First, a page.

“Alzheimer’s disease‐like neuropathology in three species of oceanic dolphin” by Marissa C. Vacher et al. European Journal of Neuroscience
Alzheimer’s disease‐like neuropathology in three species of oceanic dolphin
Alzheimer’s disease (AD) is the most common neurodegenerative disease and the primary cause of disability and dependency among elderly humans worldwide. AD is thought to be a disease unique to humans although several other animals develop some aspects of AD-like pathology. Odontocetes (toothed whales) share traits with humans that suggest they may be susceptible to AD.
The brains of 22 stranded odontocetes of five different species were examined using immunohistochemistry to investigate the presence or absence of neuropathological hallmarks of AD: amyloid-beta plaques, phospho-tau accumulation and gliosis.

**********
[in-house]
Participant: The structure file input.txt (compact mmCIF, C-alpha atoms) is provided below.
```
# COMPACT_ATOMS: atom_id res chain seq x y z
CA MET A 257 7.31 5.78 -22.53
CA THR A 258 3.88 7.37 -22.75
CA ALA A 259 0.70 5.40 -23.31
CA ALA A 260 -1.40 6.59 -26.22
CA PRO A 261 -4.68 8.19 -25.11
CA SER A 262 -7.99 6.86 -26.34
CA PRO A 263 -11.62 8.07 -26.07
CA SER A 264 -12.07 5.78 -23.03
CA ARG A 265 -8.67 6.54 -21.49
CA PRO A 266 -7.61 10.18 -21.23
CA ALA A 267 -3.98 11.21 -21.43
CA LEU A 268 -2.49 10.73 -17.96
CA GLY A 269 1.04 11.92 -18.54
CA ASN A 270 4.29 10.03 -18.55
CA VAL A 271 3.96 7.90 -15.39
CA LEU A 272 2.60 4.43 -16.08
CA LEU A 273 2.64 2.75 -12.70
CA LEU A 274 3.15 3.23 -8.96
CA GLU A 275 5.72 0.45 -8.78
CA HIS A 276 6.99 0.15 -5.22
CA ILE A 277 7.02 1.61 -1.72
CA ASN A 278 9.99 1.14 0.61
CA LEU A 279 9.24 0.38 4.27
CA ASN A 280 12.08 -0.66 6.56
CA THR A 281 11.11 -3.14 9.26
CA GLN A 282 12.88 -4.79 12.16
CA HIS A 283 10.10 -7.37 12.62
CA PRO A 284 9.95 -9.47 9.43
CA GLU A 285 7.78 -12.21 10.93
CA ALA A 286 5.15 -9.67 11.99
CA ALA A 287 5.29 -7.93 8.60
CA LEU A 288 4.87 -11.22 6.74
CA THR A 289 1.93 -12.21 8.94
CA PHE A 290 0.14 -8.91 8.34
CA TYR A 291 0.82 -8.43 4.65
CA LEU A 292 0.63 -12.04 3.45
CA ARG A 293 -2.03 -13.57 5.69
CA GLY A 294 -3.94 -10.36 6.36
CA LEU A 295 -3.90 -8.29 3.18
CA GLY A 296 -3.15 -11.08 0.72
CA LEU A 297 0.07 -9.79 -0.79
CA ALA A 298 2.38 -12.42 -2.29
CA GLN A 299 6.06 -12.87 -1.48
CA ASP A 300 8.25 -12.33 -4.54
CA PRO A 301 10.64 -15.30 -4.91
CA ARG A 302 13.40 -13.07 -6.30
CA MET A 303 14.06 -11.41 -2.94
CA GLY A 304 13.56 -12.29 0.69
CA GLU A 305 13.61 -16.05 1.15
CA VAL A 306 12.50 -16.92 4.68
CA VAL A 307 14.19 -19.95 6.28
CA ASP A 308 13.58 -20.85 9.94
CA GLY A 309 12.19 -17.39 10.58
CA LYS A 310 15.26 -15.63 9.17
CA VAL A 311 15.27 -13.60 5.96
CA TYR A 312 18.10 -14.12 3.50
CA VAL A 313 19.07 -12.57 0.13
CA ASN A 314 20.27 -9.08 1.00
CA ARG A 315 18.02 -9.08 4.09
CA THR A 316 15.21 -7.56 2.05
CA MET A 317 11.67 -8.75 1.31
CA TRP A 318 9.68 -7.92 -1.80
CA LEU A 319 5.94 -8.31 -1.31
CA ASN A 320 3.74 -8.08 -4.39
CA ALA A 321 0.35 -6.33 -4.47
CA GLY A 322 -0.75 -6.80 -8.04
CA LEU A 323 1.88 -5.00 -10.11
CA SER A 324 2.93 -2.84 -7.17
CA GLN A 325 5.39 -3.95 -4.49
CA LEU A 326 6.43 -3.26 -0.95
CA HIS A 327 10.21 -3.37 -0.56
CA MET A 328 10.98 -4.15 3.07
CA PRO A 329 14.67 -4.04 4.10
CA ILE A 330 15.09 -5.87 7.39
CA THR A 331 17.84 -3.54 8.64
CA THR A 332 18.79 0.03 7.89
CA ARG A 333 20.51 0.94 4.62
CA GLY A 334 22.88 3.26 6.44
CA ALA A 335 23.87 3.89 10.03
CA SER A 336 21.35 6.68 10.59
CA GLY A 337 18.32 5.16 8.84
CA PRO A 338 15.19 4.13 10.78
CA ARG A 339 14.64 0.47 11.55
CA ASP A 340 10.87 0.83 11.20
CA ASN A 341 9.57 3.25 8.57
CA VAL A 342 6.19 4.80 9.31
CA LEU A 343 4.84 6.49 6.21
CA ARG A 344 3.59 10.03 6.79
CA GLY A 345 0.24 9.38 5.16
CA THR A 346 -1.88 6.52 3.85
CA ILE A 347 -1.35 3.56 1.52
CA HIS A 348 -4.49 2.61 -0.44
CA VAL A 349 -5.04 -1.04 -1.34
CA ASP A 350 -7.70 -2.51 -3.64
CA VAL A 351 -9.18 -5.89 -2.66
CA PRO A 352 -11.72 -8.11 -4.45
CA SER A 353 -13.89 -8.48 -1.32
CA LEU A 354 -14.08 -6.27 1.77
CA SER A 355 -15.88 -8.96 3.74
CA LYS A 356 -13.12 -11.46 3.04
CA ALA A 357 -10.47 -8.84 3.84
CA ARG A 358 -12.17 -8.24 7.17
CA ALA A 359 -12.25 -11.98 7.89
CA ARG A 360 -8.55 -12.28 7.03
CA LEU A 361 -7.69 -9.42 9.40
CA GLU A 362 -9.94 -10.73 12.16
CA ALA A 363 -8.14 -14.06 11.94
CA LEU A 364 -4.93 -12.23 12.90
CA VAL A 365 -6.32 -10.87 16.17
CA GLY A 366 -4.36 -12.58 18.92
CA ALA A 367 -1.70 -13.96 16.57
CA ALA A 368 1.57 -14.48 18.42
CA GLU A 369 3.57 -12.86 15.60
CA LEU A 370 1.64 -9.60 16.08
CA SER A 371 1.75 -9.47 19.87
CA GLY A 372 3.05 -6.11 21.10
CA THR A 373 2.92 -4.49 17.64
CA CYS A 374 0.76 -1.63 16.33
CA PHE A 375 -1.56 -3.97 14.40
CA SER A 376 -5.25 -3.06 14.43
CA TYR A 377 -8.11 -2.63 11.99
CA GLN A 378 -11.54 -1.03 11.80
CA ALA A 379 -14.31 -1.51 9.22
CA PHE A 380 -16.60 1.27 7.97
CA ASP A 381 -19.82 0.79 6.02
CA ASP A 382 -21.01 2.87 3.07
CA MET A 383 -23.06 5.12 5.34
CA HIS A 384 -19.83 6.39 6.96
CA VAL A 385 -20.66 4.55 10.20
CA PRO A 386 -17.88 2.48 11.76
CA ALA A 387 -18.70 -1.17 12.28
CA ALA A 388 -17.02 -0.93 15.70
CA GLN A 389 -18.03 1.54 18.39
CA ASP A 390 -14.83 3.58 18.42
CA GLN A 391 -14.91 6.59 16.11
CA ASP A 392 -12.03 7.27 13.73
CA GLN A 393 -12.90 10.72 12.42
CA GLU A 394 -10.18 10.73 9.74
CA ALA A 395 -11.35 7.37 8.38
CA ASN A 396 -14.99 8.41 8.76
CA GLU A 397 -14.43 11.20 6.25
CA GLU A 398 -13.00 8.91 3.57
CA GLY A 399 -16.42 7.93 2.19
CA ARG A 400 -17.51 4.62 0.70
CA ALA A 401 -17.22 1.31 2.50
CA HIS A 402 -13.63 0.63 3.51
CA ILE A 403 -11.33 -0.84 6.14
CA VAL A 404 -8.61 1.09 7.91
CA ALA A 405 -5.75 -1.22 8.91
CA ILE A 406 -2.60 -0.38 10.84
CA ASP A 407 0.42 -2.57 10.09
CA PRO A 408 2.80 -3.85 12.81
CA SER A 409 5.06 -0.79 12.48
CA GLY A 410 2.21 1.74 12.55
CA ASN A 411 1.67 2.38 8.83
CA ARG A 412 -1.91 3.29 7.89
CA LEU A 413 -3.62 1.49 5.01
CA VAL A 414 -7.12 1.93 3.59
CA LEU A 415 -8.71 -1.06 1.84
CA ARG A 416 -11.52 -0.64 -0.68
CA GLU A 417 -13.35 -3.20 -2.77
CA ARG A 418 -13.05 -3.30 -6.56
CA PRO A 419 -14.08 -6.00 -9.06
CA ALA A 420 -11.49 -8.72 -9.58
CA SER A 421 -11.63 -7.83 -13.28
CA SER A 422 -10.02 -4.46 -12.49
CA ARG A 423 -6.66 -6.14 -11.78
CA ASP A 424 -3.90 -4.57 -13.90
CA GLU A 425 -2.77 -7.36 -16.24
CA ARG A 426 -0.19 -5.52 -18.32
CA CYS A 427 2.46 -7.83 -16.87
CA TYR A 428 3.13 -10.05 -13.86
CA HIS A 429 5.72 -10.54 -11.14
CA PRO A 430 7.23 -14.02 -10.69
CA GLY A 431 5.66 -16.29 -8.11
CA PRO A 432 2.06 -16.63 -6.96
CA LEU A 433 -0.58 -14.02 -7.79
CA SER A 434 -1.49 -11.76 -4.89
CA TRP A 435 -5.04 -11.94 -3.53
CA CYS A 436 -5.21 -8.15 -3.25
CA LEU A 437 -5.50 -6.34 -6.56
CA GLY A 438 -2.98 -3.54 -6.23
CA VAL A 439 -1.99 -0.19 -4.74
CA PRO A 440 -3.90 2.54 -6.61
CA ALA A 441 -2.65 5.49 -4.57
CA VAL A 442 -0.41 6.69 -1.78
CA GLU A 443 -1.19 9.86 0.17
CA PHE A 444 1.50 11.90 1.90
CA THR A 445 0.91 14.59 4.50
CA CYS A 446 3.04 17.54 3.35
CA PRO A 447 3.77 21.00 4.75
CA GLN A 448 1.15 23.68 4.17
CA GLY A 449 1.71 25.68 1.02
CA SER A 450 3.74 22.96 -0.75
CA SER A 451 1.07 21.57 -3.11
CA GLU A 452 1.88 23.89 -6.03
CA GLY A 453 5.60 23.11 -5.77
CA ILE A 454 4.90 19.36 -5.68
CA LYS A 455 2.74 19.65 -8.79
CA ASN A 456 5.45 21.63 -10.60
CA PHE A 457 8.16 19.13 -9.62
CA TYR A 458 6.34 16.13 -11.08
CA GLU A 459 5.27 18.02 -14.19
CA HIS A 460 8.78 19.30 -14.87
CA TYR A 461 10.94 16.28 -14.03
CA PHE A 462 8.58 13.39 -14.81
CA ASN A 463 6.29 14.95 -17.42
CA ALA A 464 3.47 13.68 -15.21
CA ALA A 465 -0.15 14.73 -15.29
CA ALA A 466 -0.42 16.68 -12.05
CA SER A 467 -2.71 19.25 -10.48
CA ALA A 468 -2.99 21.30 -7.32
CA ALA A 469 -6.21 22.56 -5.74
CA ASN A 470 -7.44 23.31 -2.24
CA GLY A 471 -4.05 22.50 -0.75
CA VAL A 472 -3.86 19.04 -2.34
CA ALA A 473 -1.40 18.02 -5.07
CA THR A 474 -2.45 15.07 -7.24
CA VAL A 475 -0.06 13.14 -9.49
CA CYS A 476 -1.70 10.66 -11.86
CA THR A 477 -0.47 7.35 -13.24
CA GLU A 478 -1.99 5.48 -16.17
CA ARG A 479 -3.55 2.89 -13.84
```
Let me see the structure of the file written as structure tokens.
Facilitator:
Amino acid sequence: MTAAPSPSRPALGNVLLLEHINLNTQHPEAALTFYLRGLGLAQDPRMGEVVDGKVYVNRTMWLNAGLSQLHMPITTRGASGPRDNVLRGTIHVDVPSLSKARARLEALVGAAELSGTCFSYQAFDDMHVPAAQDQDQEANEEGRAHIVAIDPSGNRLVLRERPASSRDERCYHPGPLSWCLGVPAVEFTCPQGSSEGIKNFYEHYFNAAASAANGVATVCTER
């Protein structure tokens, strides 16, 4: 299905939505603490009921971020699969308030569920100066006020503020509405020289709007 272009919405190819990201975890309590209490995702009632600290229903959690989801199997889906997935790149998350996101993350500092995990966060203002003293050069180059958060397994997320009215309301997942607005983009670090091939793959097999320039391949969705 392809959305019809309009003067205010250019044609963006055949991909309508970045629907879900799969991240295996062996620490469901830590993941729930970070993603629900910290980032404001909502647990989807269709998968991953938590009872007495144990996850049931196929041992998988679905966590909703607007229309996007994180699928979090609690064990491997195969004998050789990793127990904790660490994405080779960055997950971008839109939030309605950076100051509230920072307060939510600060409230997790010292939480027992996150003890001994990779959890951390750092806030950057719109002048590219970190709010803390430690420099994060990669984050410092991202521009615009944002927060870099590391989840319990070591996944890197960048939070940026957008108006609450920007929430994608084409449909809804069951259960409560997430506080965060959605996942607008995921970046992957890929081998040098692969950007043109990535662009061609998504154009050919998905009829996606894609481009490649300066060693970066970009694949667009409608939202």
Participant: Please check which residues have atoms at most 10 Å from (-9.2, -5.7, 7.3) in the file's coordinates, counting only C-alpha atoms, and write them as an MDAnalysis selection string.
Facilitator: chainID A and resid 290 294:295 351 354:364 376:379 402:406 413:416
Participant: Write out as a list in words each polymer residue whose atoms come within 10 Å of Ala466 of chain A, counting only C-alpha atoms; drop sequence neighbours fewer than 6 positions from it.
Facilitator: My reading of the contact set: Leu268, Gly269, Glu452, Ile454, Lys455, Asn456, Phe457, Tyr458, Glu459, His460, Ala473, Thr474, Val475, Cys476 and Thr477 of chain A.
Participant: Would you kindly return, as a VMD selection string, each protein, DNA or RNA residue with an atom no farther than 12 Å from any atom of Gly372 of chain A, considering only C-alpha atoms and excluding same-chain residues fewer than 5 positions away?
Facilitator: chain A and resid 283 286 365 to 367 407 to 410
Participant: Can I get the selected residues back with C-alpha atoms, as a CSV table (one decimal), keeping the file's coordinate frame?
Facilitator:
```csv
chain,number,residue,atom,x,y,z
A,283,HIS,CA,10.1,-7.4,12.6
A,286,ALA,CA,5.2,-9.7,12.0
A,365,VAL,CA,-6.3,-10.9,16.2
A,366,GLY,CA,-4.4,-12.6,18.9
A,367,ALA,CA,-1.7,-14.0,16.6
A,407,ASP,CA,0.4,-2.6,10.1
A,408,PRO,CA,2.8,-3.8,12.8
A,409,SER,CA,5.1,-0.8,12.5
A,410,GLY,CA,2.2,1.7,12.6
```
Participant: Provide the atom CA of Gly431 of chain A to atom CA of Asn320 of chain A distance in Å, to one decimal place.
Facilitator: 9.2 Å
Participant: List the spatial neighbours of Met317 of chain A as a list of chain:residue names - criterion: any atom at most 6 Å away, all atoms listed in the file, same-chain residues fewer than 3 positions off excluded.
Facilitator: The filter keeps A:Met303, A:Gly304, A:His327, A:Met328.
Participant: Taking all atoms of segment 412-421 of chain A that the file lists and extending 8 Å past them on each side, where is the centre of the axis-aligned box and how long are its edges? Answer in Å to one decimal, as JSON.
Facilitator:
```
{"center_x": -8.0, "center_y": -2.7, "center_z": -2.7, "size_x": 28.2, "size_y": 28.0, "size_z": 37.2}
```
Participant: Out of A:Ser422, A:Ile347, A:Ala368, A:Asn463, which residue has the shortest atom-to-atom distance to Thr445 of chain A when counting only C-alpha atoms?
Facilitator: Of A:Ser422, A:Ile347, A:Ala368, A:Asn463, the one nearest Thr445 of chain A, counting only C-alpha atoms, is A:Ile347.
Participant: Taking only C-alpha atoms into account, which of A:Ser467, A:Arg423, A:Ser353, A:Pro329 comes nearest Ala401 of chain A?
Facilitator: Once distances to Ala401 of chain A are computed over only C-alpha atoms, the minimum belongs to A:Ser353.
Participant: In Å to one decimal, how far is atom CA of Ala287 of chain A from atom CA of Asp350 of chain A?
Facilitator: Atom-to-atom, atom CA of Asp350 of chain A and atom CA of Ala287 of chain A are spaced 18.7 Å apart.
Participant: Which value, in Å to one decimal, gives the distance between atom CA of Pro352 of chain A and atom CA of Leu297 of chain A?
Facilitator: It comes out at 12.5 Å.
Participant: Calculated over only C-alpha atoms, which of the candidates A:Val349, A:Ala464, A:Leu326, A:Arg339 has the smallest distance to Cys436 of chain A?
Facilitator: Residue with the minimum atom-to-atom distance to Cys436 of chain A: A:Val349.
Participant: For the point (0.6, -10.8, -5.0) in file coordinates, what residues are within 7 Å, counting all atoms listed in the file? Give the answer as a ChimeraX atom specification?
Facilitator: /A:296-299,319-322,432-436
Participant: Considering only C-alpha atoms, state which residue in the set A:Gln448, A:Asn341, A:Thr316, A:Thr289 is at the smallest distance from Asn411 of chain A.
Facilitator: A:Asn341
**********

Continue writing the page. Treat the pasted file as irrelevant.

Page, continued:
Immunohistochemistry revealed that all aged animals accumulated amyloid plaque pathology. In three animals of three different species of odontocete, there was co-occurrence of amyloid-beta plaques, intraneuronal accumulation of hyperphosphorylated tau, neuropil threads and neuritic plaques.
One animal showed well-developed neuropil threads, phospho-tau accumulation and neuritic plaques, but no amyloid plaques. Microglia and astrocytes were present as expected in all brain samples examined, but we observed differences in cell morphology and numbers between individual animals.
The simultaneous occurrence of amyloid-beta plaques and hyperphosphorylated tau pathology in the brains of odontocetes shows that these three species develop AD-like neuropathology spontaneously. The significance of this pathology with respect to the health and, ultimately, death of the animals remains to be determined.
However, it may contribute to the cause(s) of unexplained live-stranding in some odontocete species and supports the ‘sick-leader’ theory whereby healthy conspecifics in a pod mass strand due to high social cohesion.